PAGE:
Kerala tops in literacy rate, health services

October 22, 2011 07:31 pm | Updated August 02, 2016 03:56 pm IST

The India Human Development Report 2011 has patted Kerala for achieving the highest literacy rate, providing quality health services and on the subject of consumption expenditure of people.

Delhi, Himachal Pradesh and Goa have secured second, third and fourth positions respectively in these subjects, according to the report prepared by the Institute of Applied Manpower Research, a body of the Planning Commission.

The Human Development Index (HDI) in the country rose by 21 per cent, the report, which was released here on Friday, said while cautioning that health, nutrition and sanitation remained key challenges for India.

At present, two-thirds of the households in the country reside in pucca (cemented) houses and three-fourth of families had access to electricity for domestic use. India's HDI registered impressive gains in the last decade as the index increased by 21 per cent to 0.467 in 2007-08, from 0.387 in 1999-2000.

But, the report said, Chhattisgarh, Orissa, Madhya Pradesh, Uttar Pradesh, Jharkhand, Rajasthan and Assam continued to lag behind in HDI and remain below the national average of 0.467.

On the health aspect, it said over a half of Indian women suffer from anaemia, particularly those belonging to the Scheduled Caste, Scheduled Tribes and Muslims, and a higher number of Muslim infants compared to the national average (in 2005-06) lived beyond their first birthday.

“The Scheduled Caste, Scheduled Tribe and Muslims are converging with the infant mortality rate (IMR) national average. The fall in infant mortality rate has been sharper in the case of the Scheduled Tribes as compared to the Scheduled Caste”.

On life expectancy, the report said it had increased consistently but at a very slow pace. “Life expectancy at birth in poorer States like Assam, Madhya Pradesh, Orissa and Uttar Pradesh in 2004 was lower than the country's average in 1992-96”.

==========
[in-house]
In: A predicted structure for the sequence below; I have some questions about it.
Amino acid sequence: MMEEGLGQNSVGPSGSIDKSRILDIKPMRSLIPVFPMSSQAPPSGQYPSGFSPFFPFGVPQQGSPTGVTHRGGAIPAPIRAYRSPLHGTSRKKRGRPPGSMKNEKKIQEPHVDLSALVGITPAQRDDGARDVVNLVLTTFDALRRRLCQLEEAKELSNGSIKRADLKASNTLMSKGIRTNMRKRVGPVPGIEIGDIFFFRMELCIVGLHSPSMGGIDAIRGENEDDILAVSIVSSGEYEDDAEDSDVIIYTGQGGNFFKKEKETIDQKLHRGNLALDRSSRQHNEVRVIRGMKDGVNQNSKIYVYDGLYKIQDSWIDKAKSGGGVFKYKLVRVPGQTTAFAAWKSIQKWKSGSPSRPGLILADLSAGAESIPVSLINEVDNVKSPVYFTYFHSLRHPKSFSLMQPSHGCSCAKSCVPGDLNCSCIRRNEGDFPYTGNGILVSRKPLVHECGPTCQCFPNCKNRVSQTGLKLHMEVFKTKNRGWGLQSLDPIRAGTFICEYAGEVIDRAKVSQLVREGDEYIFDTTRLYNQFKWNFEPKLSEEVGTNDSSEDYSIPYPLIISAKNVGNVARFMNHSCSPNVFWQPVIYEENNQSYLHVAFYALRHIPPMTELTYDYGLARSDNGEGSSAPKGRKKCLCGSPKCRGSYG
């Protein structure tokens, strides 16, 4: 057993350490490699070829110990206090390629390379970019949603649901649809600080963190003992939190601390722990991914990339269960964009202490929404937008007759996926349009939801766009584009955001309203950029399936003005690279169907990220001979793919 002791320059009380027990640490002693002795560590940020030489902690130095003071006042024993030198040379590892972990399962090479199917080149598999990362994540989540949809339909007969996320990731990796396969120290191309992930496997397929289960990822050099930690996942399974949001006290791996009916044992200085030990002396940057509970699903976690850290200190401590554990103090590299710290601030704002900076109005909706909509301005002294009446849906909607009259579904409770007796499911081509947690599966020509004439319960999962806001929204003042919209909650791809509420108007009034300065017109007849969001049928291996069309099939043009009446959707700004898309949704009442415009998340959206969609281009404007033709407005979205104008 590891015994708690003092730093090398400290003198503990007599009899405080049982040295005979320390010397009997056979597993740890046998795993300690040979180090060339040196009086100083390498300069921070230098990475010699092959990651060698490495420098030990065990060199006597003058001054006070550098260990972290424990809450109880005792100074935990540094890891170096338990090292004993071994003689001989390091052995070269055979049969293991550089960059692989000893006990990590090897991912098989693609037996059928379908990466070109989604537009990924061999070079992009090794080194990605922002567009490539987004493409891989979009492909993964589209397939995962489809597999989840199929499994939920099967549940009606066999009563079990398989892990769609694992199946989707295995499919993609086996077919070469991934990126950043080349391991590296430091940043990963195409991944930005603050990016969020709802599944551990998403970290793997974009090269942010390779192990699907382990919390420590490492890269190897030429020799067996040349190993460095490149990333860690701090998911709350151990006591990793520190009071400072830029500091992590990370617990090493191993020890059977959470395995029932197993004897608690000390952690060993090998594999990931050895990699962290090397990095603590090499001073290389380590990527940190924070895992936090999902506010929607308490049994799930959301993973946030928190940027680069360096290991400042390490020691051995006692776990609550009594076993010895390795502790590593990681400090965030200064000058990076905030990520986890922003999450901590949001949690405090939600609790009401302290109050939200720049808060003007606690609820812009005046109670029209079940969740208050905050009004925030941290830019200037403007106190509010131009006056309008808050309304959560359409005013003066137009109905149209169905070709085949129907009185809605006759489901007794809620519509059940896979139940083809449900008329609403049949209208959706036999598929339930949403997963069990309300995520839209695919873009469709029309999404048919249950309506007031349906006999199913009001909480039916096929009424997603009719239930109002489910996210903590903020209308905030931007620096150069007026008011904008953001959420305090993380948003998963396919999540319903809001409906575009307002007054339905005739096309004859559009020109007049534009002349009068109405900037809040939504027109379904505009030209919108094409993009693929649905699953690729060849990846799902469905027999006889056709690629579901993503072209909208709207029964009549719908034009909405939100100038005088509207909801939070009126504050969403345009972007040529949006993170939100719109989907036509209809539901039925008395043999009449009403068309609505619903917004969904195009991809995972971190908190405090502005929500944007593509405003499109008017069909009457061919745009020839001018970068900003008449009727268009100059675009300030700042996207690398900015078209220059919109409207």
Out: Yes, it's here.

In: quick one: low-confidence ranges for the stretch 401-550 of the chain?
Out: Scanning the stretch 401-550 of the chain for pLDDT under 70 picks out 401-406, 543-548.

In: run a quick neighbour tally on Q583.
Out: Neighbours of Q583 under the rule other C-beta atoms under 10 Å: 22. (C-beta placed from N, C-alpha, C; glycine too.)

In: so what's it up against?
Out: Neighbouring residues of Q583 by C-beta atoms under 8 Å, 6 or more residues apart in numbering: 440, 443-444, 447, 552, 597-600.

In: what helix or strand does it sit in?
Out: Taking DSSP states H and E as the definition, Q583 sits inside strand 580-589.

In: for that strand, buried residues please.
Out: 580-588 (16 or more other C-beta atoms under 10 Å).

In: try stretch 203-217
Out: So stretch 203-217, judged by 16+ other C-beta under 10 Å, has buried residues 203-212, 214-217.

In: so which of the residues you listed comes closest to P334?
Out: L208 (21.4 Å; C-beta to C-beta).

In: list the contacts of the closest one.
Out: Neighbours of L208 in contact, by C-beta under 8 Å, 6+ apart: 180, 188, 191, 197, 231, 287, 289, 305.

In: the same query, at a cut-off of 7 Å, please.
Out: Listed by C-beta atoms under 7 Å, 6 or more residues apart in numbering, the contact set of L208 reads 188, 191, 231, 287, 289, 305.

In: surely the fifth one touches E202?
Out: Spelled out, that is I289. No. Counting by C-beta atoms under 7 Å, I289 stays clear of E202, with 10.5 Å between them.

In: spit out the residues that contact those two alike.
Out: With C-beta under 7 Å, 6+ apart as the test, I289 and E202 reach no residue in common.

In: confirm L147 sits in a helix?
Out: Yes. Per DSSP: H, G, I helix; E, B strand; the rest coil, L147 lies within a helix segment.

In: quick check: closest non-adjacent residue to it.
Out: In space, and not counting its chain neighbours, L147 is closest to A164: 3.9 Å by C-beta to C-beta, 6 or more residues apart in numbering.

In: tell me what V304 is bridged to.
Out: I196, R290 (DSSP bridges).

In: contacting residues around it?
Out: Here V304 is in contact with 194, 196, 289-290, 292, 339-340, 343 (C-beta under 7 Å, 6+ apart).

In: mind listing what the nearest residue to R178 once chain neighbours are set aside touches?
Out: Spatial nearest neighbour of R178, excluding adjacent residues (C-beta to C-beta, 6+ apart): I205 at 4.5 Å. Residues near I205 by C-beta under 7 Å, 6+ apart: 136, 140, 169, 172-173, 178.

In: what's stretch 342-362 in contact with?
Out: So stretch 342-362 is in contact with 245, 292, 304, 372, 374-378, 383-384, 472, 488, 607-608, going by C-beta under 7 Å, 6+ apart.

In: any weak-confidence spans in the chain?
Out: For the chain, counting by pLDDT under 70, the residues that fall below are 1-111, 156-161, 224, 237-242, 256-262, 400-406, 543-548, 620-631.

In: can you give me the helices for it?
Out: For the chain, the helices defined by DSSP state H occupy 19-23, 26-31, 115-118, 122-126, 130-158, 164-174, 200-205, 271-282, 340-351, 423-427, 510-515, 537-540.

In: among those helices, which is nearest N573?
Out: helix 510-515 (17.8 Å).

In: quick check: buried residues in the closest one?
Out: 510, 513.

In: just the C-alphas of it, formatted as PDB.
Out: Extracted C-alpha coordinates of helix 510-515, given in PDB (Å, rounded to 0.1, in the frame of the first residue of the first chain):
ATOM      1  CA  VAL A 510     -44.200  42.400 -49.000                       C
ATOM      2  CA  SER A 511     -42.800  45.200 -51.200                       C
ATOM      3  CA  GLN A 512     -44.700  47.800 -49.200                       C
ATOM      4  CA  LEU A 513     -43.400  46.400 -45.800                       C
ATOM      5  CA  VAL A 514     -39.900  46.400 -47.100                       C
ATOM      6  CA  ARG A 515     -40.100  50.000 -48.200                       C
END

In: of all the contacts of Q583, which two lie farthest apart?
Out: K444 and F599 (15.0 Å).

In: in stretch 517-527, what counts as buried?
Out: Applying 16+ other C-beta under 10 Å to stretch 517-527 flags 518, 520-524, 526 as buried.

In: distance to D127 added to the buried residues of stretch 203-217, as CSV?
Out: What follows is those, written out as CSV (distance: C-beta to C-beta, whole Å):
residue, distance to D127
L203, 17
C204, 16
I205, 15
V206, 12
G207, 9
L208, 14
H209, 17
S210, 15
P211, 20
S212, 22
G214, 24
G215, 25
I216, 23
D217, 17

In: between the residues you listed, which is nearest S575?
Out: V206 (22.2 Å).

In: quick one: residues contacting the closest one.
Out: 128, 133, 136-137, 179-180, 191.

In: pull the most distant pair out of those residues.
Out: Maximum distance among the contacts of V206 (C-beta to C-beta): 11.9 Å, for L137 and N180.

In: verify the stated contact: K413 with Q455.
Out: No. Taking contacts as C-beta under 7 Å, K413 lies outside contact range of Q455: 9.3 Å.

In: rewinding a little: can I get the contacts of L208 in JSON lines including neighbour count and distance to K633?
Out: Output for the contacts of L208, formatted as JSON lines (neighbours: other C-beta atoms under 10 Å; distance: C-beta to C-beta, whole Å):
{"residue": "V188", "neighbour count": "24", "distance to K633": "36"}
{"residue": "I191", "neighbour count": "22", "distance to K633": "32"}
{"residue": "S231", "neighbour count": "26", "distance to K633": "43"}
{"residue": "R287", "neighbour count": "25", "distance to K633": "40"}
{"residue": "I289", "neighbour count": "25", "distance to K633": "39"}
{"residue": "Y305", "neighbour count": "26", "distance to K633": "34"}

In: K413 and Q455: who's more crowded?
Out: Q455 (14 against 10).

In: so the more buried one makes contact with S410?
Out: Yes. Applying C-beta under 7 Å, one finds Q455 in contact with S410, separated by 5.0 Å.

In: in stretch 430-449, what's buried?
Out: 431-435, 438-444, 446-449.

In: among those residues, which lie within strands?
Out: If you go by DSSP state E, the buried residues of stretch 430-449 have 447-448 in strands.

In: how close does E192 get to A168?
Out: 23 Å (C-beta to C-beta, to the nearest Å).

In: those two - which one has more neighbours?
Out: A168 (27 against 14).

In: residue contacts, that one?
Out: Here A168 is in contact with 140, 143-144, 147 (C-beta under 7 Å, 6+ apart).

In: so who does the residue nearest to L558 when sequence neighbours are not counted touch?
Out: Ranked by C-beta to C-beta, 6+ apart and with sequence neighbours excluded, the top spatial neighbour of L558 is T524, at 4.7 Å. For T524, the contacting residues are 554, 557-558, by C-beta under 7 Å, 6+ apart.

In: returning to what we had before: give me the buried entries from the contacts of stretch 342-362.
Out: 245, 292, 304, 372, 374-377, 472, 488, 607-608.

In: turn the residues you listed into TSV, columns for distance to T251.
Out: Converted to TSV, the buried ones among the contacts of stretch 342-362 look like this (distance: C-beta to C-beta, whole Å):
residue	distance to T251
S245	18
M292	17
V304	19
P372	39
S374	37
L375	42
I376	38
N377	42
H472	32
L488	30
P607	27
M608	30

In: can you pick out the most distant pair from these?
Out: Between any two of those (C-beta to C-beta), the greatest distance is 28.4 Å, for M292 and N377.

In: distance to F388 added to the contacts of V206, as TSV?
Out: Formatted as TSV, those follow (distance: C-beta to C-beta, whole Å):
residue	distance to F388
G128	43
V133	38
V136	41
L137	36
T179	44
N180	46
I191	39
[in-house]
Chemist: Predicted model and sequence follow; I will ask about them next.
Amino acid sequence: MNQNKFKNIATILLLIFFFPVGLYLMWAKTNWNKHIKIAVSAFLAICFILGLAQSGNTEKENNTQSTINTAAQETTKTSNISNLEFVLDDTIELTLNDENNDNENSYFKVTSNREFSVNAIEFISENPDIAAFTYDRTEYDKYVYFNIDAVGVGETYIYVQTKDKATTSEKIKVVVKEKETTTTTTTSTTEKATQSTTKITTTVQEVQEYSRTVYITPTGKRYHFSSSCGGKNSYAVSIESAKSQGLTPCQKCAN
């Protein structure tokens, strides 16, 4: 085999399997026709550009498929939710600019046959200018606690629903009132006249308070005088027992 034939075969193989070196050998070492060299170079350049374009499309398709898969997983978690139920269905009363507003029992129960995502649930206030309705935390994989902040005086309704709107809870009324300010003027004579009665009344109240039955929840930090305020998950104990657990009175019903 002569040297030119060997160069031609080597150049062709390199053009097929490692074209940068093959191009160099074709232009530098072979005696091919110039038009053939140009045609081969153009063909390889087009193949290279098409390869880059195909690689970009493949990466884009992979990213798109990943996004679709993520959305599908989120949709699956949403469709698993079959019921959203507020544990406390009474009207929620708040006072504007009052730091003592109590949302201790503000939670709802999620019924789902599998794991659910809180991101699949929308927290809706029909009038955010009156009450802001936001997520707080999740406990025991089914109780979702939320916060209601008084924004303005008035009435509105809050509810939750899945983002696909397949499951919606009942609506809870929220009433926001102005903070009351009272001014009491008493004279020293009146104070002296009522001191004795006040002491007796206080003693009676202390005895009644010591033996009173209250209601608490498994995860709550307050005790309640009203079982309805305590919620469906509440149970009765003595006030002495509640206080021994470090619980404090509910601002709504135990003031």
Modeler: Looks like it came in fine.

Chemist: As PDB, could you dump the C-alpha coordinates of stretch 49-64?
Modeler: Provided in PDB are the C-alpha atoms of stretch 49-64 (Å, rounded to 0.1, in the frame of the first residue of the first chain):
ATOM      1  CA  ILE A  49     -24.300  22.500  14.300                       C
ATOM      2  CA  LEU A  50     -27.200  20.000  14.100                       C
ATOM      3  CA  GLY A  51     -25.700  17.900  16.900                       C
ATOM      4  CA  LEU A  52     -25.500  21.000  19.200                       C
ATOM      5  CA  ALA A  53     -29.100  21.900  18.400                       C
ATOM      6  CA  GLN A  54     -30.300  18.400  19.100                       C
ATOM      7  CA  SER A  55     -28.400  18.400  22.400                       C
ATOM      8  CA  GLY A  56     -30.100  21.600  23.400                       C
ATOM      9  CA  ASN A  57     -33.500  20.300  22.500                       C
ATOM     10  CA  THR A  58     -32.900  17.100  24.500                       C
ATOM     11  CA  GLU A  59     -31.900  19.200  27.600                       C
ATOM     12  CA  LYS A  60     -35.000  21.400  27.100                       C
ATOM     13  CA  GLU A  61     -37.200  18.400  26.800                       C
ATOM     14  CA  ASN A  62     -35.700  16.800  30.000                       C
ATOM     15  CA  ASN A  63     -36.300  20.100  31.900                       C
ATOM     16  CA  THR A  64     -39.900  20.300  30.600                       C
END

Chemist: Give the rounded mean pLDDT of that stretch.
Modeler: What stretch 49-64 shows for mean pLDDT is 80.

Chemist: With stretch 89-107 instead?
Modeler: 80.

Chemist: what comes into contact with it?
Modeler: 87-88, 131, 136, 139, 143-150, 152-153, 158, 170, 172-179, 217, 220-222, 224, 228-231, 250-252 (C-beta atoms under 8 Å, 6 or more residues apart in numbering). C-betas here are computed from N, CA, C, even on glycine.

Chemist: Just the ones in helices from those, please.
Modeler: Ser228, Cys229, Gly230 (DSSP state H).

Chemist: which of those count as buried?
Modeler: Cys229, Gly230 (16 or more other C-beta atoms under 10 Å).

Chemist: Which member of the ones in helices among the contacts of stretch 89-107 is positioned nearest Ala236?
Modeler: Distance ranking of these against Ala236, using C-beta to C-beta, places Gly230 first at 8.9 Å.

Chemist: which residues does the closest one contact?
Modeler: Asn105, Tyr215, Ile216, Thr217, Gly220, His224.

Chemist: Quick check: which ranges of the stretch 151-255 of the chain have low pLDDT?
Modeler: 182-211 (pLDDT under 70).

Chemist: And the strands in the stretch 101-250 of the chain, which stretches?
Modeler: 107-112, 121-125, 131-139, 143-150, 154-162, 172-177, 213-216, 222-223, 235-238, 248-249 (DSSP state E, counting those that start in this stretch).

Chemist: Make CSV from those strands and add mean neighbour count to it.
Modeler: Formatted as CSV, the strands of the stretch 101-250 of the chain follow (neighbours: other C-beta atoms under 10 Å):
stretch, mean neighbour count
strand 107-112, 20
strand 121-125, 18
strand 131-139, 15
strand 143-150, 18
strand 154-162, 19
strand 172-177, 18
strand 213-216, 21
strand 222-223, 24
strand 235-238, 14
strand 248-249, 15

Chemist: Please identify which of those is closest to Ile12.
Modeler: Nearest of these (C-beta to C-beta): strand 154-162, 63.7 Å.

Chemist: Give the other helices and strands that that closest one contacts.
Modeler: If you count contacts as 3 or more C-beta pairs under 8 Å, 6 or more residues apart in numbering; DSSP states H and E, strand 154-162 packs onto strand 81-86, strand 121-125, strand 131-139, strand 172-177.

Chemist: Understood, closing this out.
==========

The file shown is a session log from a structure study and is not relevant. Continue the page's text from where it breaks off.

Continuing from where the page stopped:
Kerala, on the other hand, had life expectancy at birth at 74 years, which was comparable to developed countries of the world. Despite the National Rural Health Mission in place, India faced a dismal position in terms of health infrastructure — both physical and manpower.

Compared to China, India had nine hospital beds per 10,000 population whereas it was 30 in China.

On Gujarat, the report commented that the State, despite having impressive growth, had not been able to reduce malnourishment levels, while Uttar Pradesh and Bihar, among the most backward in the country, had done better in improving the lot of their marginalised Dalits and tribals.

High rates of child malnutrition were a major concern for the country. Gujarat was among the worst performers, with 69.7 per cent kids up to 5 being anaemic and 44.6 per cent suffering from malnutrition.

On Bihar, the report said, “there is a vast difference between the Bihar of today and the Bihar of 15-20 years ago.” Not only has the State witnessed unprecedented economic growth in the 10th Plan, the per capita social sector expenditure too had increased significantly in the last five years. The share of expenditure on the welfare of Bihar's Scheduled Castes and Scheduled Tribes to total expenditure had almost doubled during 2005-08 from 0.4 per cent to 0.8 per cent.

But despite the improvements, the condition of the lower castes in Uttar Pradesh and Bihar was still not comparable with those in other States. That would require greater growth and social mobilisation, the report said.

Rural Development Minister Jairam Ramesh released the report in the presence of Planning Commission Deputy Chairman Montek Singh Ahluwalia.

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